1. And DCF77 on the European side of the world. At 77.5 kHz, it’s around 1.3 times better than WWVB!

        Unfortunately, it’s also completely interfered-with by my favorite computer monitor.

  3. Interesting approach, especially the antenna. I wonder how practical it would be to make a powerline-disciplined-TCXO (with very long averaging period) based on this?

    1. Well, the source the author quotes states a daily accuracy of ~100ppm — so that’s worse than your standard oscillator, and definitely not usable for short-term corrections. You’d need a much better oscillator to run while you take the “longer-than-a-day-average”. Basically, this boils down to getting a very good oscillator.

      1. …the TCXO is the “much better oscillator” you refer to. The point of disciplining it with this would be to control for long-term variations in frequency accuracy.

  4. Now the real exercise for the reader would be to use that in a PLL to keep the microprocessor’s clock calibrated (kind of like NTP does it). This would address the battery backup thing, and — with a suitably chosen large PLL time span – might even take care of the daily fluctuations.

    The design of that algo might turn out “interesting”.

    For the really ambitious, and if there is an on-chip temperature probe available, the next step would be to keep a drift/temperature table updated in a feedback loop…

    1. In principle it’s a fairly straightforward PID controller. Accumulate a count of the difference between divided-line-frequency-cycles and divided-MCU-clock-cycles, and use a (very, very small) proportion of that to tweak the trim frequency up or down.

    2. It’s a fairly simple algorithm. Program MCU to produce an interrupt per second, update long term average of line frequency cycles, and add that average to a time variable.

      1. These are both great resources.

        Too bad they don’t keep track of the long-term drift / integrated error, which is what matters for keeping your clock in line.

      2. That’s not entirely true. The frequency changes slightly between different parts of the network, and some countries such as Swizerland are employing phase-shift transformers in order to shield their grids from power loops coming in from the German grid, to stop their overproduction of wind power from spilling over and tripping all the fuses.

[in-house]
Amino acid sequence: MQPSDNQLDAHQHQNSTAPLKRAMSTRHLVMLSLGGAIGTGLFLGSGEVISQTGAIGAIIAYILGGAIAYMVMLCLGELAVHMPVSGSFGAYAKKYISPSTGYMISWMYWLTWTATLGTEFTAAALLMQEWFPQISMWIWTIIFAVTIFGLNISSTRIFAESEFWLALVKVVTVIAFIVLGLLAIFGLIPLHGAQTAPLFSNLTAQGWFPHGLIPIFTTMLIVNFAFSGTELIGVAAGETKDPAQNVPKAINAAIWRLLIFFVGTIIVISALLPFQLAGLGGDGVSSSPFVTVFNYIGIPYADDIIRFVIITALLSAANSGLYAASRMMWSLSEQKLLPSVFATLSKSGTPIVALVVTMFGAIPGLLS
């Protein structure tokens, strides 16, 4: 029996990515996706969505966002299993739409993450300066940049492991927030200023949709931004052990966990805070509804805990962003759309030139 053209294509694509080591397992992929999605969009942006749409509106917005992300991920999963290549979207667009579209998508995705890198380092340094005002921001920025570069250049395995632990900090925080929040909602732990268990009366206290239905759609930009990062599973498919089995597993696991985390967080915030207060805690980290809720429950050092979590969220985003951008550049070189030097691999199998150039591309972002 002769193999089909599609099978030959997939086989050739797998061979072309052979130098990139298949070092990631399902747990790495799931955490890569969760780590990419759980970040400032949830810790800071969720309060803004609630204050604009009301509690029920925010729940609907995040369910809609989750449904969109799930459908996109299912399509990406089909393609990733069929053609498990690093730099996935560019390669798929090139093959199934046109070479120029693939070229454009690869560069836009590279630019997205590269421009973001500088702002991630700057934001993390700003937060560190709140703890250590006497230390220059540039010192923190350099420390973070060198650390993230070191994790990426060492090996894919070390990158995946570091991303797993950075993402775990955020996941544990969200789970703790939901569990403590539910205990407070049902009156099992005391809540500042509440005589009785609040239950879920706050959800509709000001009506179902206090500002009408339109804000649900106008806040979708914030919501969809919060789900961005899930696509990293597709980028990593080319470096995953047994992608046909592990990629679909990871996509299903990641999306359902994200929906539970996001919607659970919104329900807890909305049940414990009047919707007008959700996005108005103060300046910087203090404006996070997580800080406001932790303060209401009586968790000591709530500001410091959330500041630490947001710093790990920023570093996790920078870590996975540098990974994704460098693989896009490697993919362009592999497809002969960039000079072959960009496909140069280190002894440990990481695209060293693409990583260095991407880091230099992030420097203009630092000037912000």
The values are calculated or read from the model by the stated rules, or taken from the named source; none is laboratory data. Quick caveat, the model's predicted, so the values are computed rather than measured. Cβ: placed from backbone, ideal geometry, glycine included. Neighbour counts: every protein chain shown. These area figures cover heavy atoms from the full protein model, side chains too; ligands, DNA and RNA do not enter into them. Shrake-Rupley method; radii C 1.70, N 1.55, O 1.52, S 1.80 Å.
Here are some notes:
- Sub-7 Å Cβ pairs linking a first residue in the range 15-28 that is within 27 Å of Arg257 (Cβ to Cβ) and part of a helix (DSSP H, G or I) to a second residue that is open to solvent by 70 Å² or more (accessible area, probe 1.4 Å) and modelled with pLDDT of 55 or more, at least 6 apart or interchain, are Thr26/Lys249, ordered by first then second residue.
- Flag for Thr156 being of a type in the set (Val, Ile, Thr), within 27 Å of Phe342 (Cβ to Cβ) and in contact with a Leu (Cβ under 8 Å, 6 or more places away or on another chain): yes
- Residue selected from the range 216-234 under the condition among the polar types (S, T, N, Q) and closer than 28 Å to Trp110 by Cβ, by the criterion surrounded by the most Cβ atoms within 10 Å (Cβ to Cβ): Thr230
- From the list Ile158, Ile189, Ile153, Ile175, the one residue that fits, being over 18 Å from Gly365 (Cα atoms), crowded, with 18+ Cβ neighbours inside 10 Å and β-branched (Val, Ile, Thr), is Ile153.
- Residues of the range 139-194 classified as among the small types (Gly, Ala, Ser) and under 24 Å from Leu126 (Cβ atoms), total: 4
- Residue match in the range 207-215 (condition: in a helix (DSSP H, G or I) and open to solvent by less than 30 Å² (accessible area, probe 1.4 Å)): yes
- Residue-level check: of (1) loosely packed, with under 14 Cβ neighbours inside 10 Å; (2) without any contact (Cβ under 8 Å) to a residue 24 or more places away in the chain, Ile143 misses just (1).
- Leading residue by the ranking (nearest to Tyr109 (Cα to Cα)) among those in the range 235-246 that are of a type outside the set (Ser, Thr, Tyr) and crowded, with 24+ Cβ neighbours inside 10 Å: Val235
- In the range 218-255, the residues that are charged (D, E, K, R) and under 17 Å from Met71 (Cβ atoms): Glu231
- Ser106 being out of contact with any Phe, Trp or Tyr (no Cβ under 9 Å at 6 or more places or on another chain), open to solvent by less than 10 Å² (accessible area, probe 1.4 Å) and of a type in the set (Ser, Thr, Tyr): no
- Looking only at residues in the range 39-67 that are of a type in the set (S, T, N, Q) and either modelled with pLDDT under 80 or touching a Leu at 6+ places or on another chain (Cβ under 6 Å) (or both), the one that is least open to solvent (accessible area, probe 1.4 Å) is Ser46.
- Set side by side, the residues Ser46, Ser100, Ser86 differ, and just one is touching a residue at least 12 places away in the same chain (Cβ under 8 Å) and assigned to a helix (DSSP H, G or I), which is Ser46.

1. Here’s an example:


          The differences in grid frequency between different locations actually represent the direction of power flows, because the part of the grid with a higher frequency is slowly advancing in phase relative to the part with a lower frequency. The one ahead in phase is pulling the slower one along.

          The generators in the slower area will automatically speed up because of the inflow of power, but if the grid isn’t managed carefully, the dispepancies between areas can grow too large and the phases slip to oppose each other, causing a massive power surge and an automatic shutdown.

          This is essentially what happened in 2006 when there was a large storm in northern Germany and one of the high voltage lines to the south was out of operation because of a ship passing underneath. A surge of power from wind farms in the north tried to take the long way around through the French grid which was already loaded, which desychronized the grid and caused a cascade failure that spread all the way through to Portugal and Italy, making a round through the entire continental grid.

  5. Clever idea. I’ve seen contactless power line detectors that use the same antenna technique (usually amplified), so the concept is sound.
    I’ve looked at line frequency timing for the design of an electrical timer, but I’m concerned about frequency regulation becoming less reliable as more power comes from unpredictable sources like wind and solar.

    1. simpler than ntp: on an arduino with the ESP wifi, I wrote a small bit of code that will grab the http header from any website (ebay, maybe? google?) and get the UTC time from it. no messing with ntp or any protocol; simply get ascii header from a wget or something (curl, really):

      % curl -sGI http://www.ebay.com | grep Date
      Date: Wed, 01 Jul 2015 15:41:48 GMT

      do the same on a controller, parse out the date and you’re done. really really easy and everyone lets port 80 OUT of their network (I was at a big networking company who filtered ntp, so ntp to a public server would never work inside their stupid firewall). port 80, sure, it always goes out and comes back in ;)

      1. A simple NTP client doesn’t take much effort. You send a single UDP packet, and you get a single UDP packet back with a 64 bit timestamp. In the UDP packet you send, you only need to set the first byte, and leave the rest as zeroes. It’s simpler than TCP+HTTP, and has less surprises.

        1. but again, you may not be able to get ntp OUT of your network. there may be local time servers but if you expected to get to a public one, you may be behind firewalls that block it. that’s the beauty of the web get method. port 80 is always allowed out and grabbing time is simple ascii, so its easy to develop and test and implement. and its definitely good enough to set clocks by.

          ntp is more ‘pure’ but if you can’t get to an ntp server (easily), then its a complete non-starter.

          at any rate, its good to have choices. on my clock systems, I try to grab time from many places (gps, local rtc chip, ntp, web) and so I can usually find -one- that works ;)